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God wot! full many a pagan must in his saddle reel:
What leech may cure, what beadsman shrive, if once that weight ye feel?
But when Don Alvar saw him thus bruising down the foe,
Quoth he, "I've seen some flail-arm'd man belabour barley so:
Sure mortal mould did ne'er enfold such mastery of
Let's call Diego Perez the Pounder from this
WHENCE is the secret charm of this lone wood,
Of other scenes, which from afar do come,
Here; I am dwelling in the days gone by-
In which the joyous wildflower meekly feeds,-
With heart as open as the naked sea,
This blue, deep sky-that sun so proudly setting
The shadowy dell-these trees so tall and fair,
Things, that will feed the cravings of my mind.
And therefore it may be my soul ne'er sleeps,
And such may be the charm of this lone wood,
The Old Scottish Cavalier'.
COME, listen to another song,
And of a baron stout and bold
As e'er wore sword on thigh:
Like a brave old Scottish cavalier,
All of the olden time.
1 The hero of this spirited poem is Alexander Forbes Lord Pitsligo, whom Professor Aytoun, in his introduction to the song, calls "the best type of the Lowland cavalier of the period" (1715-1760). The professor goes on to inform us that Lord Pitsligo having been educated abroad and early introduced to the circle at St. Germain's, conceived a deep personal attachment to the members of the exiled line, that he was the intimate friend of Fénélon, and throughout his whole life was remarkable rather for his piety and virtue than for keenness in political dispute. Upon the death of Queen Anne he joined himself in arms with a general insurrection of the Highlanders and Jacobites, headed by the Earl of Mar. On the dissolution of this confederacy Lord Pitsligo, with others, was compelled to fly abroad and remained in exile five or six years. He returned
He kept his castle in the north,
Hard by the thundering Spey :
And a thousand vassals dwelt around,
And not a man of all that clan
Had ever ceased to pray
For the royal race they loved so well,
From the stedfast Scottish cavaliers,
His father drew the righteous sword
And chiefs of ancient names
to Scotland in 1720, and resided at his castle in Aberdeenshire, not mingling in public affairs but gaining, through his charity, kindness, and benevolence, the respect and affection of all around him. He was sixty-seven years of age when Charles Edward landed in Scotland, and after considerable hesitation he determined to put himself at the head of the Jacobite gentry of his neighbourhood. They formed a body of well-armed cavalry, gentlemen and their servants, to the number of a hundred men. When they were drawn up in readiness to commence the expedition, the venerable nobleman their leader moved to their front, lifted his hat and looking up to heaven pronounced with a solemn voice the awful appeal "O Lord, Thou knowest that our cause is just!" then added the signal for departure, "March, gentlemen!" After Culloden he became like many more a fugitive and an outlaw; but he succeeded like the Baron of Bradwardine in finding a shelter upon the skirts of his own estate. For ten years he remained concealed, and his adventures and escapes are rather more romantic and extraordinary than those of other Jacobite gentlemen. After the lapse of many years he was permitted to remain without molestation at the residence of his son, where he died in 1762, at the age of 85 The whole of Professor Aytoun's note will repay perusal.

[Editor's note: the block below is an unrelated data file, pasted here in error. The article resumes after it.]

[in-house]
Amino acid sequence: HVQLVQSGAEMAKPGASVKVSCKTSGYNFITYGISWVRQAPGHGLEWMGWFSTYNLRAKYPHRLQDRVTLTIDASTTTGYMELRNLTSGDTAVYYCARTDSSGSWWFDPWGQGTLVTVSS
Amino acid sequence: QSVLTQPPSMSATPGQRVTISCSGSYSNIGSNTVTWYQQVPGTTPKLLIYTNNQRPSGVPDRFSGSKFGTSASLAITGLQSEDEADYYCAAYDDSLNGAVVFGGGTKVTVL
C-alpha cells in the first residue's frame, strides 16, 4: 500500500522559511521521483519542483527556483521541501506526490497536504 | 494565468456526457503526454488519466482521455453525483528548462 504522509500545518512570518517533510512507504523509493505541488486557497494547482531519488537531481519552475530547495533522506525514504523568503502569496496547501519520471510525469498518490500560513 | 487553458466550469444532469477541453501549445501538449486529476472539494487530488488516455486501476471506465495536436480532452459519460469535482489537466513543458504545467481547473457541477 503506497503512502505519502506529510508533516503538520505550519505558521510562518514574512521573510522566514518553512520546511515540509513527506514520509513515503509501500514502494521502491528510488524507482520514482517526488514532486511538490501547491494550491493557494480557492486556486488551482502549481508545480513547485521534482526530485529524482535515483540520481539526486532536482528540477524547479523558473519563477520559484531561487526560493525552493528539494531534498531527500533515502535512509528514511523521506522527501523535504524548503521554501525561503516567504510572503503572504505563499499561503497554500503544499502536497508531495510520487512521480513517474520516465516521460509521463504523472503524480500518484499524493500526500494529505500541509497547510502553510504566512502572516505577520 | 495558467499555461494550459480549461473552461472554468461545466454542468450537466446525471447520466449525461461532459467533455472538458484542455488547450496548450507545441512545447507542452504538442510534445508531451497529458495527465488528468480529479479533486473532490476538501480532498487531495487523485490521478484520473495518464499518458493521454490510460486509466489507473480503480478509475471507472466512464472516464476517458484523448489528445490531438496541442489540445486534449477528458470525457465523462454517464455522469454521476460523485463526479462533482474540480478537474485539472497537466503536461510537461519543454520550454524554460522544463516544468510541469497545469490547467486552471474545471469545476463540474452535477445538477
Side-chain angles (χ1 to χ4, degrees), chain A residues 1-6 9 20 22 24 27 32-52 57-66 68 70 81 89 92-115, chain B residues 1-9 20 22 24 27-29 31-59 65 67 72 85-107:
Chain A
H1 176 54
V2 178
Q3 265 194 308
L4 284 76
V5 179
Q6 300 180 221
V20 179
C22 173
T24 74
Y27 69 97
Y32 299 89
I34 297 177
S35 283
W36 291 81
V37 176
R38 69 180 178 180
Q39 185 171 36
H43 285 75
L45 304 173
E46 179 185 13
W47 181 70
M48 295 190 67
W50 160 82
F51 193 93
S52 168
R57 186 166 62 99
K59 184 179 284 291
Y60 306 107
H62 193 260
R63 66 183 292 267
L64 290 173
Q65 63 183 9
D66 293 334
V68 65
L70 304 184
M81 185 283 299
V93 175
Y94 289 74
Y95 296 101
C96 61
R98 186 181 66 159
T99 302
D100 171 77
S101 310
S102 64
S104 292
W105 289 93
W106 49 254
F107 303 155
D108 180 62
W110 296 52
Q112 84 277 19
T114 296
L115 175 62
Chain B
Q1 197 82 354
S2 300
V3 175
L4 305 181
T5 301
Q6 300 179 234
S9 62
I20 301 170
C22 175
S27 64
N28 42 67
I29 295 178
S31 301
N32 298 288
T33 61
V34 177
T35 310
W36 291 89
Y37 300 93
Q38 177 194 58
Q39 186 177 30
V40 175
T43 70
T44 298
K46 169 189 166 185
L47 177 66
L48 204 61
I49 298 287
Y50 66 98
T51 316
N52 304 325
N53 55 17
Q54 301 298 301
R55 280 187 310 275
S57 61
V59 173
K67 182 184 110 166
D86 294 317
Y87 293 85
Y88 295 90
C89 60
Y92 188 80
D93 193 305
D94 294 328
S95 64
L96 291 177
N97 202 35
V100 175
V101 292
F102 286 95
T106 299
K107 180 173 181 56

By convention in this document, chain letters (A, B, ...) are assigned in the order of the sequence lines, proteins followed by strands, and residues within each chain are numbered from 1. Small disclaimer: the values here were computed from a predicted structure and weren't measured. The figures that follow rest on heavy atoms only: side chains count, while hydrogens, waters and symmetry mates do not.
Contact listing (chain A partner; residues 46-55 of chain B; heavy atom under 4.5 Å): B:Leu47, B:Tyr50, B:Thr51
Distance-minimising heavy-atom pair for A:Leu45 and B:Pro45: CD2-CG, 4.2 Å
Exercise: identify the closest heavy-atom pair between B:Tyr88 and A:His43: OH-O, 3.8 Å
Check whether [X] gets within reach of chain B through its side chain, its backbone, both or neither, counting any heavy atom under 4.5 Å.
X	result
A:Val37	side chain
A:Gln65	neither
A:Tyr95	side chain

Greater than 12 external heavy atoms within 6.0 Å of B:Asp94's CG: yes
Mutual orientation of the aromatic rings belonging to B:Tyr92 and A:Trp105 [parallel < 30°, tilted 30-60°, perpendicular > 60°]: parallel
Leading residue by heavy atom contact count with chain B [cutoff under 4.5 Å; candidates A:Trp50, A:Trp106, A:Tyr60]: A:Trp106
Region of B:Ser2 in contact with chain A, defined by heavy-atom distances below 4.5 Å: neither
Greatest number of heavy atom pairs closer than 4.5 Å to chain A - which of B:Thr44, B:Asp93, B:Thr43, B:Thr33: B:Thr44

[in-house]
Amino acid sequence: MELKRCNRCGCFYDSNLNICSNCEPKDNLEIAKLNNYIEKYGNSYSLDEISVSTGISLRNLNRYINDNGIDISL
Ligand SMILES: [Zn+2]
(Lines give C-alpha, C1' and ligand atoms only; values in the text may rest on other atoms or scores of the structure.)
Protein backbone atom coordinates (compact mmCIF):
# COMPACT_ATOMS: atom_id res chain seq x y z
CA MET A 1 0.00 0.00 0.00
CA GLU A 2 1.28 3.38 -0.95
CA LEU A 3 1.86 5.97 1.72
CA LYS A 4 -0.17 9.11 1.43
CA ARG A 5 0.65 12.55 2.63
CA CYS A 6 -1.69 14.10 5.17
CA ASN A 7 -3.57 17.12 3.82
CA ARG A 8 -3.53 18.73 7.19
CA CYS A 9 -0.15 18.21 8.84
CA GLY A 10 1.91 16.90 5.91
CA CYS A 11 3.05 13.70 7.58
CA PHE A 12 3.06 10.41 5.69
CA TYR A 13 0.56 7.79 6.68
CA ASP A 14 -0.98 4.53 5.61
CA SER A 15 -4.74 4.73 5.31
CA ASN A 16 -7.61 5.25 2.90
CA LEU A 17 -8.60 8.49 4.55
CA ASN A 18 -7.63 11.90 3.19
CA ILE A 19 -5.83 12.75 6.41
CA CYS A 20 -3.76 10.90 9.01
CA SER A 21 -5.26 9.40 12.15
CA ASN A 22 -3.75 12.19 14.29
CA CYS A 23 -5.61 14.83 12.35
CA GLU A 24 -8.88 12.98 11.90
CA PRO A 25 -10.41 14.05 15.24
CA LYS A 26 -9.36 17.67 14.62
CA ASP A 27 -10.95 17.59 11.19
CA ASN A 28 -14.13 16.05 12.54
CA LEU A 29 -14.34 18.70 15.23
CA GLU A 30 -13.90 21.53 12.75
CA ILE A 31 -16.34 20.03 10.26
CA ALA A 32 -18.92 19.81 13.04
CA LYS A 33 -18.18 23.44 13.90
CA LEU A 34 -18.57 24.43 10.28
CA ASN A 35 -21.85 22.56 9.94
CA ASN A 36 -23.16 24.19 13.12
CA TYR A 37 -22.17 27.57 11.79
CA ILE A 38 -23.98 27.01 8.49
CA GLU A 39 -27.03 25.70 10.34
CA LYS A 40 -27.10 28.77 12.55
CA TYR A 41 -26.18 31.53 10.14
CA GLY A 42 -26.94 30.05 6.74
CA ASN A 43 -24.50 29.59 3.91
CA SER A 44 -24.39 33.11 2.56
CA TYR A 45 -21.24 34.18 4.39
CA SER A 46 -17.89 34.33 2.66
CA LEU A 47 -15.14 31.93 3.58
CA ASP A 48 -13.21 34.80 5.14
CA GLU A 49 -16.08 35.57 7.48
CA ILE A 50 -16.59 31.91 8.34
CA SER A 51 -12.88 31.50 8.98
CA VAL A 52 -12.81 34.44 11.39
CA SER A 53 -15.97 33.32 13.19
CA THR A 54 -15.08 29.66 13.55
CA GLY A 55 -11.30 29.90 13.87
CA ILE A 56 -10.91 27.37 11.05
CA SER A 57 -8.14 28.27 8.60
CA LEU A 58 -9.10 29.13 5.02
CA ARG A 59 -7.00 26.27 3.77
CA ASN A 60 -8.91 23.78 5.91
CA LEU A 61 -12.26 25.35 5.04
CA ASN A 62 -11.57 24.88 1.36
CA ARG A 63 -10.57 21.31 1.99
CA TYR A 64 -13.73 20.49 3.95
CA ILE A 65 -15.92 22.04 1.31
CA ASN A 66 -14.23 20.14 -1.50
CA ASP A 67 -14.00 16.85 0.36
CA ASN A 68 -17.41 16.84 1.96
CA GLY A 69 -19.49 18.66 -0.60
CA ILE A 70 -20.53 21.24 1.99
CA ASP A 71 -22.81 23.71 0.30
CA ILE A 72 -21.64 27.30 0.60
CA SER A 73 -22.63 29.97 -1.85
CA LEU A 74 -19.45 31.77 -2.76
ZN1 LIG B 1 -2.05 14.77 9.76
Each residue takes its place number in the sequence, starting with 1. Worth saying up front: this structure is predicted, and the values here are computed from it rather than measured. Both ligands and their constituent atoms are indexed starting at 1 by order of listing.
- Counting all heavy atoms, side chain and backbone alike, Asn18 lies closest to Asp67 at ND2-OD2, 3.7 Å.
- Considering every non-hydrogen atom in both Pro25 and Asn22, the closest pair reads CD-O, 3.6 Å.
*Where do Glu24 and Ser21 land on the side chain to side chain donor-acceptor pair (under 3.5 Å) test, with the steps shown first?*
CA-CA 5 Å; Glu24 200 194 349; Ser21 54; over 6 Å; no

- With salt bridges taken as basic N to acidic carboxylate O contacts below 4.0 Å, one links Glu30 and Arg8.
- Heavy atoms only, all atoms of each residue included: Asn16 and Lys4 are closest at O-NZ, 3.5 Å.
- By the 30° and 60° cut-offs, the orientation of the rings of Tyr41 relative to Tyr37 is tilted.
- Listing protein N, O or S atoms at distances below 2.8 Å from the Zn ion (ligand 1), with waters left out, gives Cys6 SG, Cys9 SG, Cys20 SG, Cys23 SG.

Who swore to fight, or fall beneath
He never own'd the foreign rule,
But kept his clan in peace at home,
And when they ask'd him for his oath,
And pointed to his bonnet blue,
That bore the white cockade:
Like a leat old Scottish cavalier,
All of the olden time.
At length the news ran through the land
The prince had come again!
That night the fiery cross was sped
O'er mountain and through glen;
And our old baron rose in might,
And rode away across the hills
To Charlie and his
With the valiant Scottish cavaliers,
He was the first that bent the knee